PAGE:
It was a straightforward appointment, with little surprises or interest anywhere. The doctor seemed nice enough, but she wasn’t the kind of person I’d want to see again unless it was really necessary. She asked all the usual questions and had an assistant with us the entire time. I just feel like finding a good doctor you want to stick with, who you actually think cares about you even remotely, is nearly impossible. That’s why finding a doctor stinks. That’s why making the appointments isn’t fun. It’s like you can’t even pay people to care about you.

Back and neck aches

The last couple of days, I may have slept funny, which has resulted in my back and neck feeling extremely tight. Rolling my neck feels really tight and uncomfortable, and my back… well, it just feels like it needs someone to walk on it, but that wouldn’t be such a great idea since it’s my upper back area near my shoulders. That thought made me remember a time a few years ago when I worked in an office, and a colleague had some knots in his back and asked if any of us were willing to stand on his back to help him get them out. Everyone else did a double take and stayed silent, and I said, hey, if it works, then I’m happy to do it if you want! So I did.

Twenty years ago, I had no idea what it was like to have weird knots or stiff feelings in my neck or back, or even to get little injuries in my legs or IT band or piriformis muscles. It’s like all these things started happening to me once I hit my 30s. I’m still physically active and in good shape, relatively speaking, but my body is just getting older. And I’m definitely feeling it. And thank goodness for tiger balm.

How “baby friendly” is New York?

I always feel a little conflicted when I hear this question, or when I even think about it from my own experience. It always comes with an assumption that New York, given how urban and dense the city is, is not baby friendly. It’s not that it’s baby unfriendly: you see endless babies in strollers and carriers literally everywhere you go. Public transportation actually exists here and is functional, so you technically don’t even need a car to cart your babies around. The issues that always come to mind first for myself are the fact that if Chris weren’t with me, there’s pretty much no way I could carry Kaia and her stroller up and down the subway stairs by myself, not just because I lack the physical strength, but more because of my wrist/hand problems. Plus, when you go into the majority of restaurants, they will not have changing stations/tables for you in the restrooms to easily change your baby’s diaper, so I end up having to put her changing pad on some dirty bathroom floor and change her there. Once, I even let her sit down on the dirty bathroom floor (well, she refused to sit still on the changing pad!!) because I (ugh) smeared poop on my hands, and there was no way I was going to get it off just by washing one hand at a time as I usually do when I have changed her. And the latest realization: a lot of restaurants here just don’t have high chairs because they do not assume you will be bringing a baby with you to dine. And many restaurants, especially the further downtown you go, will not be spacious enough for you to push your stroller inside.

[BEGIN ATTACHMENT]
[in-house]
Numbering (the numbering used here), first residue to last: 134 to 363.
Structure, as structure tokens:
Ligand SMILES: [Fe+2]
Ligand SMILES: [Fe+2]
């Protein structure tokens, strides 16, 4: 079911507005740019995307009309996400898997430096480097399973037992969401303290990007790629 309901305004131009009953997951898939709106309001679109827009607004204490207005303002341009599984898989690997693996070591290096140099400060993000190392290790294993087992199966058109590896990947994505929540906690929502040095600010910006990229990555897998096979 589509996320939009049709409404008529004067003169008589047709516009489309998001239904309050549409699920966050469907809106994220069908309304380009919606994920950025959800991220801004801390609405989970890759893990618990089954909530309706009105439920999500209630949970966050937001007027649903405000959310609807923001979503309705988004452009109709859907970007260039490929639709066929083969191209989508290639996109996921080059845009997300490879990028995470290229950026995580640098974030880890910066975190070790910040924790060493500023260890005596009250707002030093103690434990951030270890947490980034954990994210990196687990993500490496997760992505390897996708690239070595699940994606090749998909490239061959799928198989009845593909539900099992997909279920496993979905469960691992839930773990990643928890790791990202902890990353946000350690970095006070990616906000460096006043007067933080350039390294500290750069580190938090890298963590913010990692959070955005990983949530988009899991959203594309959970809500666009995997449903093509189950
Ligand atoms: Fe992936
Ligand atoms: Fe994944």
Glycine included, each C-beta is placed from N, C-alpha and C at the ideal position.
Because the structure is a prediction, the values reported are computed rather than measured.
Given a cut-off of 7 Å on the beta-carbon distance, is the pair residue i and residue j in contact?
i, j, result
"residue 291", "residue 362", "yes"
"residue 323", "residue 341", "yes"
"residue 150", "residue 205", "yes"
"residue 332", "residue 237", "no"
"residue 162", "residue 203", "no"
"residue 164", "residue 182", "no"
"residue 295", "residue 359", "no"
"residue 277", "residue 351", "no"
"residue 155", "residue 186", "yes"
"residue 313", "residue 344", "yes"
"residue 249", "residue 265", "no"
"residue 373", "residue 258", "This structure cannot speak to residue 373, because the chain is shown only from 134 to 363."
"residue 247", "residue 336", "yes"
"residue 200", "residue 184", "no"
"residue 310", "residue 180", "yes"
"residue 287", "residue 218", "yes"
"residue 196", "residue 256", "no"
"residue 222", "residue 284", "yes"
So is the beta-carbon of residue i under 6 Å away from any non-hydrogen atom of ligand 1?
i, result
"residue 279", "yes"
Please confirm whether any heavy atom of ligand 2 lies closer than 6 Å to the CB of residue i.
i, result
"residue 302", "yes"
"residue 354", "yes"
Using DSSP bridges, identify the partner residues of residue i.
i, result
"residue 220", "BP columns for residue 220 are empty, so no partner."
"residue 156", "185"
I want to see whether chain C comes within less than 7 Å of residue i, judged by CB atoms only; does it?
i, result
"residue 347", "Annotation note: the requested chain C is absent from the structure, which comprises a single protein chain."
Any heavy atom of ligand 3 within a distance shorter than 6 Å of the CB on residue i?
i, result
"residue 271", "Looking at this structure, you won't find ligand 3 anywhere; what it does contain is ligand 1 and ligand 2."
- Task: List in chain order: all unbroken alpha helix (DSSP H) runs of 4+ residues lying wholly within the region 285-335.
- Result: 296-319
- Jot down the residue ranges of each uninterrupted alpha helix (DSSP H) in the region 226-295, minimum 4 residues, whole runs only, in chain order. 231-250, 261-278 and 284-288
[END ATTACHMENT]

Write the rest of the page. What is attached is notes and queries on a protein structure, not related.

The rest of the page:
But the United States is not baby friendly overall for endless reasons that I won’t go into here. But if it is unfriendly for no other reason, it’s that the vast majority of people who live in this country need to have a car to get around… it’s an absolute necessity. And that’s kind of annoying. It seems easier to have a car when you have a kid because you can just leave the car seat in the car, dump the stroller broken down into the trunk. That’s what my friends who have children always say, and they say they cannot imagine being me, hauling a stroller up and down subway stairs every weekend. But is it actually easier to live in one of those places that requires car ownership… when this means you have to… rely on yourself more and less on society itself?